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At times it can be desired to decrease the resolution to speed up the algorithms. The reason is that by reducing the resolution of the coefficients and data(1), the required word length of the accumulator can be limited and data processing can be saved. Once again consider the fourth order FIR filter and assume that the data originates from the AVR ADC and therefore are of 10-bit resolution (though 16-bit is required to hold the 10- bit value). The required word length of the accumulator is calculated. See Equation 12. Note: 1. Reducing the resolution of the data is not desired since this will introduce noise in the in the system and decrease the SNR in general. The effect of coefficient scaling is not introducing noise in the system, but can sometimes make it difficult to match the desired filter characteristic. = log (5)N 10+16+ 2

N = 27.2 = 28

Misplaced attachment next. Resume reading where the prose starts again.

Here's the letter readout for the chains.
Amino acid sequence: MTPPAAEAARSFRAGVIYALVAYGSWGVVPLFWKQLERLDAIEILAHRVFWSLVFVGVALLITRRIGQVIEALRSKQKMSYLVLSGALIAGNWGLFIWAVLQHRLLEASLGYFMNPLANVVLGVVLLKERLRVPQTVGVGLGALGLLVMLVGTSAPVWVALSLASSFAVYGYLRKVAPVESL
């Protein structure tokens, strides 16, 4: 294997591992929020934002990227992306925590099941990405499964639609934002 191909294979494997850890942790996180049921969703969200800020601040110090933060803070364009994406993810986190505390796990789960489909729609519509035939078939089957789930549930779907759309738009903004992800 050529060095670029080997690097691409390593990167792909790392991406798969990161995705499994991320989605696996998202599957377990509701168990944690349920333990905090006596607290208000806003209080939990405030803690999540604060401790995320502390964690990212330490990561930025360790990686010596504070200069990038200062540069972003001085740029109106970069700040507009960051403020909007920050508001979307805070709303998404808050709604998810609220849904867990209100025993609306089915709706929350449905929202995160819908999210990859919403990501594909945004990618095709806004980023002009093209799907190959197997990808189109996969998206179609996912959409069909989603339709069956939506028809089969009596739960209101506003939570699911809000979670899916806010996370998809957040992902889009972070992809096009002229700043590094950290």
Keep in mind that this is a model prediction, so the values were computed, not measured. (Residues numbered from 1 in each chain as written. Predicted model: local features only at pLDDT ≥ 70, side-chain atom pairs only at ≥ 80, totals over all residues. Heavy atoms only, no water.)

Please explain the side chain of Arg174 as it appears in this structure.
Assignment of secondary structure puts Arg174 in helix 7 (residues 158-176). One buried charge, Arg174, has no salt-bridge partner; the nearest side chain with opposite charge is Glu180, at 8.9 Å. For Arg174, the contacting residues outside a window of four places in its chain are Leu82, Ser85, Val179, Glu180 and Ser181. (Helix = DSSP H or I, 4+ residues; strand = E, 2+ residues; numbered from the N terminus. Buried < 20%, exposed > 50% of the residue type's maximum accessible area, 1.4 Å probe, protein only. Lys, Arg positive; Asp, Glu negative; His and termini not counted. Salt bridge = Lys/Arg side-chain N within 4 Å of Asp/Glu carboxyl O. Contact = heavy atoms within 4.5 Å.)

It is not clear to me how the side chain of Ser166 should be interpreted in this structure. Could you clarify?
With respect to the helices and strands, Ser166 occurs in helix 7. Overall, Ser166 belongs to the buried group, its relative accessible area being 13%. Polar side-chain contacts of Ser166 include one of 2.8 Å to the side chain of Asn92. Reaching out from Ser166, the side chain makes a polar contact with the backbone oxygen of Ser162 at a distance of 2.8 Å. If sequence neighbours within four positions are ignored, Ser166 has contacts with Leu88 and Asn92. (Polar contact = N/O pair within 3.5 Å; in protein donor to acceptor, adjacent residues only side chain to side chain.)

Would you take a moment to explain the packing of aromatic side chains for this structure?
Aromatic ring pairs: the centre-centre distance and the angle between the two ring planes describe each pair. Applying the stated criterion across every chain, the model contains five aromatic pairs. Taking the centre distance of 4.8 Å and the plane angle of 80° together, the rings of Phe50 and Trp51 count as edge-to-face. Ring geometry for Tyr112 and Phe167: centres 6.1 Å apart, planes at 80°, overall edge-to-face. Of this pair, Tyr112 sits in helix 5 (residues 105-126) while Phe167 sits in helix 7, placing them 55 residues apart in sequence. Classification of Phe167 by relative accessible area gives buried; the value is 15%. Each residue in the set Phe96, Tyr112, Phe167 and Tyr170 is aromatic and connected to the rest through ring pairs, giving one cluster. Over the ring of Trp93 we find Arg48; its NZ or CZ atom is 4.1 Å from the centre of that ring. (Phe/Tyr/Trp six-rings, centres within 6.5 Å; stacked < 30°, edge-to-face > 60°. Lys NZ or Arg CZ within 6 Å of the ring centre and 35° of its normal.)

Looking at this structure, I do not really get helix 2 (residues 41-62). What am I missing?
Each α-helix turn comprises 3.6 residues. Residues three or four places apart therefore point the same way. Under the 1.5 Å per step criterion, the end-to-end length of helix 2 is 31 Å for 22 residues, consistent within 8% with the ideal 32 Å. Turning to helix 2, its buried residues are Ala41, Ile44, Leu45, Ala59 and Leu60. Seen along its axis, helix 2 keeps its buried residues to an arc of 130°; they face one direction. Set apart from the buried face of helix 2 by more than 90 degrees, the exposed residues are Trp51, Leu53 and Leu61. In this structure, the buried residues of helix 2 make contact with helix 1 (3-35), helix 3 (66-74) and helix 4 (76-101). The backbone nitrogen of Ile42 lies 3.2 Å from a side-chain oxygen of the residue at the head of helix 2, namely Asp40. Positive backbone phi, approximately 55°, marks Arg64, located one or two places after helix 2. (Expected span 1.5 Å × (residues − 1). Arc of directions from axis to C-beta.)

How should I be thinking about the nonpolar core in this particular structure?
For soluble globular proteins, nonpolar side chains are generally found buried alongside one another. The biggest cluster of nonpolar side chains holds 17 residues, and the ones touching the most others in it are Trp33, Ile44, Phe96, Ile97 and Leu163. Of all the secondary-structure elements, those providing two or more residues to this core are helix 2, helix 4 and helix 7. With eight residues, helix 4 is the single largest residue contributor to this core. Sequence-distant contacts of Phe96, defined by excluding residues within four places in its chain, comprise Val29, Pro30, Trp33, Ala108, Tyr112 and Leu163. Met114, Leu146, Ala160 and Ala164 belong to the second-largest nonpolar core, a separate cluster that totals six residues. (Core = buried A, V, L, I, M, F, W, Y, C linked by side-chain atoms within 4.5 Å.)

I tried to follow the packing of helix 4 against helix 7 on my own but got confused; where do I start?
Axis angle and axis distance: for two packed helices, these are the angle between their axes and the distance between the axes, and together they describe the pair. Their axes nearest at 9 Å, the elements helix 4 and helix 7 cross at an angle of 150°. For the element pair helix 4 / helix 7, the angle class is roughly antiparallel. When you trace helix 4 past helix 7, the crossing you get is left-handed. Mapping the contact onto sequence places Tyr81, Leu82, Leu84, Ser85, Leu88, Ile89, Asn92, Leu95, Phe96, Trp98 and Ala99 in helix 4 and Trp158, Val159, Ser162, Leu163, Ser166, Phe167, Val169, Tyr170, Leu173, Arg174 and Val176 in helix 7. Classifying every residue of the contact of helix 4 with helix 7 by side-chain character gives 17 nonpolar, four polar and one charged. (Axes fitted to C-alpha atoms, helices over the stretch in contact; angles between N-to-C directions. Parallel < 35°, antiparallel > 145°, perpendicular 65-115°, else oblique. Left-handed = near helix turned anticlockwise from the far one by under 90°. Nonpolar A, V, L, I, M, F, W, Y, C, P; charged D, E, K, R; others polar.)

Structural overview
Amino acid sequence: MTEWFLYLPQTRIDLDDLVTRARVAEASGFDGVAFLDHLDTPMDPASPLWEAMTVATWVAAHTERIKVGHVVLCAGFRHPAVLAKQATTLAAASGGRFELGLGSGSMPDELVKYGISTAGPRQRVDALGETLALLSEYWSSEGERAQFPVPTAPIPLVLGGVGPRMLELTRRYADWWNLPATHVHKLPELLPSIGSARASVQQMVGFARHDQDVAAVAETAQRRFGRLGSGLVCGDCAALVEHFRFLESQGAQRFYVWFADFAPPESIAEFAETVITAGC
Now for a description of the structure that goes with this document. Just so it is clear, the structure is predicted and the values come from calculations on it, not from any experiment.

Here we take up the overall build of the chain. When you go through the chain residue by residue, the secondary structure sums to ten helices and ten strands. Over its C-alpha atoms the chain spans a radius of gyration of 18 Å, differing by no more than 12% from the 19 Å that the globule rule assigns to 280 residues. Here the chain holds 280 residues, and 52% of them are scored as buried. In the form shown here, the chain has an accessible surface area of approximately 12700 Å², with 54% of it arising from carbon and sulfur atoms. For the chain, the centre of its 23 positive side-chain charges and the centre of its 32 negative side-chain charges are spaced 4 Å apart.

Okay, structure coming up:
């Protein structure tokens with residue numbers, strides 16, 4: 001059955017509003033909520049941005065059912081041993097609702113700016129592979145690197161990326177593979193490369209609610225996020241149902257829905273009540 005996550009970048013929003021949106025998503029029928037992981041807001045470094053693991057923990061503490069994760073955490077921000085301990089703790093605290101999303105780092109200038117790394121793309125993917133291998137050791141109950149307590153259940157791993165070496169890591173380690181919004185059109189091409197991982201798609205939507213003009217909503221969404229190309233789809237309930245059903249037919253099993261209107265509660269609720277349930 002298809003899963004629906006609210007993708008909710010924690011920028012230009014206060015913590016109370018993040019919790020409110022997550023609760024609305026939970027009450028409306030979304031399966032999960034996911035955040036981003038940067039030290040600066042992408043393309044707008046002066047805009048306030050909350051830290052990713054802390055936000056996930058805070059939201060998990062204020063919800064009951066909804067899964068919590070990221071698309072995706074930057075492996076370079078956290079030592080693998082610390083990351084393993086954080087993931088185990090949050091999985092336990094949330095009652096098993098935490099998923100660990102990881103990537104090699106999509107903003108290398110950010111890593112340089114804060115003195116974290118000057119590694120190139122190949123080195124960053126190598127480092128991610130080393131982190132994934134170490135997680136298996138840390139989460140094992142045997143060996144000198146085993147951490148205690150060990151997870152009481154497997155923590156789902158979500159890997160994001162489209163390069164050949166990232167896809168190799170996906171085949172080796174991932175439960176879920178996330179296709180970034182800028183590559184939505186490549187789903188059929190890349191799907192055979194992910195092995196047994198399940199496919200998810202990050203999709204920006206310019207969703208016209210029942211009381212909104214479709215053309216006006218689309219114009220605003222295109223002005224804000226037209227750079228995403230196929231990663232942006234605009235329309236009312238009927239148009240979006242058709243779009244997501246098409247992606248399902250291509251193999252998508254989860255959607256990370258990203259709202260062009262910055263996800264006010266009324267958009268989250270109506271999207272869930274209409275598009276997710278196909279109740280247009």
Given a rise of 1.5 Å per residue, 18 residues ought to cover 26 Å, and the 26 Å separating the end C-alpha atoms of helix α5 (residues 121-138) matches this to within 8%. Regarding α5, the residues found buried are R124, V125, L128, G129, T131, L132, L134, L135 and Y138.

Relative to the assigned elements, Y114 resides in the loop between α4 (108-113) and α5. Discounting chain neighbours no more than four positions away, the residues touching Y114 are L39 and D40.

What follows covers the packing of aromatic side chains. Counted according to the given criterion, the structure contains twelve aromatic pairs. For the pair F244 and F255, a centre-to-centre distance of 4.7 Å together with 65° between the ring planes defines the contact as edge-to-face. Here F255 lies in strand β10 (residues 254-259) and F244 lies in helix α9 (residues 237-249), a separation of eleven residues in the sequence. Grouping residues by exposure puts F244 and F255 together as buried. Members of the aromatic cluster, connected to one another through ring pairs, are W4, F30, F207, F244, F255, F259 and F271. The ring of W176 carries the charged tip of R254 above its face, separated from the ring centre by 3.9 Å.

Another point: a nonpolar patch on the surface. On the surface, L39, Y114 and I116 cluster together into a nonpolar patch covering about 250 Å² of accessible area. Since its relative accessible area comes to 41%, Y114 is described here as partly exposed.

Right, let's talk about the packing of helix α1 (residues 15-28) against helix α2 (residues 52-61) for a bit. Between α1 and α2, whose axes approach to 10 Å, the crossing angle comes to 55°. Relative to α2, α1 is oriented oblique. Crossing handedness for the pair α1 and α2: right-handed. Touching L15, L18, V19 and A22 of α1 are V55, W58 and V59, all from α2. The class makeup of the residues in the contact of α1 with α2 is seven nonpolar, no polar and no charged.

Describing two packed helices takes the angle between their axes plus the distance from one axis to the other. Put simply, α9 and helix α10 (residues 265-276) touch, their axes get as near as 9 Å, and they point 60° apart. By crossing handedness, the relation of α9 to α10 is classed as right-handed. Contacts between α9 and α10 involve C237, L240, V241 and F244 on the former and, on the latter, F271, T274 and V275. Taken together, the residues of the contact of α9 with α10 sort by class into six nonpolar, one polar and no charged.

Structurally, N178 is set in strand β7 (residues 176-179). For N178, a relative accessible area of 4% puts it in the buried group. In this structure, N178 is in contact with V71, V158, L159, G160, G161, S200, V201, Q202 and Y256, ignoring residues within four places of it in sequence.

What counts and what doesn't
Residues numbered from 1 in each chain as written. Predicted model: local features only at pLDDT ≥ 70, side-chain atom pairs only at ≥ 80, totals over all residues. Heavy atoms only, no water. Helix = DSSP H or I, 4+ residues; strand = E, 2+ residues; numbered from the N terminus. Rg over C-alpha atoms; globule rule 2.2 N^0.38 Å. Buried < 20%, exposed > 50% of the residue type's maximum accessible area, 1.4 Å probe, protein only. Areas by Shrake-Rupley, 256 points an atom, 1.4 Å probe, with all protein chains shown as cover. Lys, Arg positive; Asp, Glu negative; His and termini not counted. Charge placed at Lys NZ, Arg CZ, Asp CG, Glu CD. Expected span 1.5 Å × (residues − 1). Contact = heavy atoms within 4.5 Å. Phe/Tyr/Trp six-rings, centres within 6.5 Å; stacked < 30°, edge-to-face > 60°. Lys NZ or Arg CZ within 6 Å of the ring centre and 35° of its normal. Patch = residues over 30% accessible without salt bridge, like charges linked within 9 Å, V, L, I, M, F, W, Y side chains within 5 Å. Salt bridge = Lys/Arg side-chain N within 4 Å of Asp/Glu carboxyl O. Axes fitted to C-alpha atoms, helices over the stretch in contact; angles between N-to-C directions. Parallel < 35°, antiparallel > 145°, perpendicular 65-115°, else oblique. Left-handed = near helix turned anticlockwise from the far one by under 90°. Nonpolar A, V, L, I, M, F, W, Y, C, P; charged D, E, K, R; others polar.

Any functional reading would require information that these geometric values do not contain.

Equation 12 The final result can be represented by 26-bit and the highest resolution required during the calculations is 28-bit. A 32-bit accumulator is required to run the algorithm. Since there would be computational time saved if the resolution of the accumulator is reduced to 24-bit it could be desirable to reduce the resolution of the coefficients: Con- sider the fourth order FIR filter with 10-bit data input, if the resolution of the coefficients is decreased to 12-bit, the accumulator word length could be decreased to 24-bit. The sub-results of the filter will not exceed 24-bit if the data is 10-bit wide and the coefficients are 12-bit wide. The benefit would be that the MUL and MAC operations used in relation to a 24-bit accumulator would be executed 27% faster than if the algorithm was based on a 32-bit accumulator. The overall performance of the filter would increase by approx- imately 20%. Eliminating the Gain Unity gain has until now been mentioned without giving the details on the relation Introduced by Coefficient between the filter coefficients and the word length of the final result. The statement has Scaling been that if having a unity gain the 16 by 16 multiplication used in the filter algorithm would give a 32-bit result. Now, if there is no gain, how can the result be 32-bit wide when the data is 16-bit wide? The explanation is that if there should be not gain in the fil- ter, the filter coefficients should be represented by fractional values, typically between -1 and 1. Since a fixed point architecture cannot represent fractional values, the filter coef- ficients are scaled. When scaling the coefficients initially the result has to be "unscaled" to eliminate the gain introduced by the coefficient scaling. As mentioned in relation to the FIR filter example the coefficient scaling introduces a gain in the filter. The mathematical description of the scaling performed can be seen from Equation 13. M M 2x ⋅am ⋅ y[n − m]= 2x ⋅bk ⋅ x[n − k] m=0 k=0MM2x ⋅ a0 ⋅ y[n]= x2 ⋅bk ⋅ x[n − k]+ 2x ⋅ (−am ) ⋅ y[n − m] k=0 m=0 Equation 13, From Equation 13, it can be seen that the a0 coefficient is scaled by the same factor as the rest of the coefficients, this explains why a gain is present and how large the gain is. The scaling or gain should be eliminated for two reasons; first, it will not be possible to compare the energy of the raw input signal to the energy of the filtered signal if a gain is present. If, e.g., it is required to compare the energy in a specific frequency to the total energy of the signal a unity gain is required. Second, if the gain is not removed the “true” value of y[n] will not be possible to use in the feedback and an error will be introduced in the filter. The second reason only relates to IIR filters since the FIR filters does not have feedback. The gain introduced by the coefficient scaling is quite simple to eliminate in the output stage; Consider the FIR example where 10-bit data and 16-bit coefficients were used. The accumulator had to be 32-bit to be able to hold the sub-results, 10-bit comes in and a 26-bit result comes out of the filter. The 26-bit result is similar to a 10-bit value left shifted 16 times (since the coefficients are scaled with 216, which equals 16 left shifts of a binary value). To scale the output back to obtain the desired gain the result should be right shifted 16 times (scaled by 2-16). Instead of actually shifting the result right 16 times the upper 16-bits of the 32-bit of the accumulator is used as the output of the filter. This is illustrated in Figure 6. Figure 6. Un-scaling the Accumulator Value to Give Desired Filter Output Filter Input 8 bits 8 bits 16-bit 6 bits 10 bits x . 216 Accumulator 6 bits 26 bits 32-bit ACC>>16 Filter Output 10 bits 16-bit In this case the elimination of the gain is simplified because the coefficients are scaled by 216. If however the coefficients are scaled by a value that does not allow the down- scaling of the result to be accomplished by just grabbing the 16 MSB of the accumulator, the result stored in the accumulator could require several left or right shifts. If the coeffi- cients are scaled by 214, the accumulator should be left shifted twice before returning the 16 MSB of the accumulator. This can also be seen from Equation 12, where y is the output, x is the input and the “rest” is scaling. y = ((x ⋅ 214 )<< 2)⋅2−16 Equation 14 The foundation for implementing the filters should now be in place. 12 AVR223,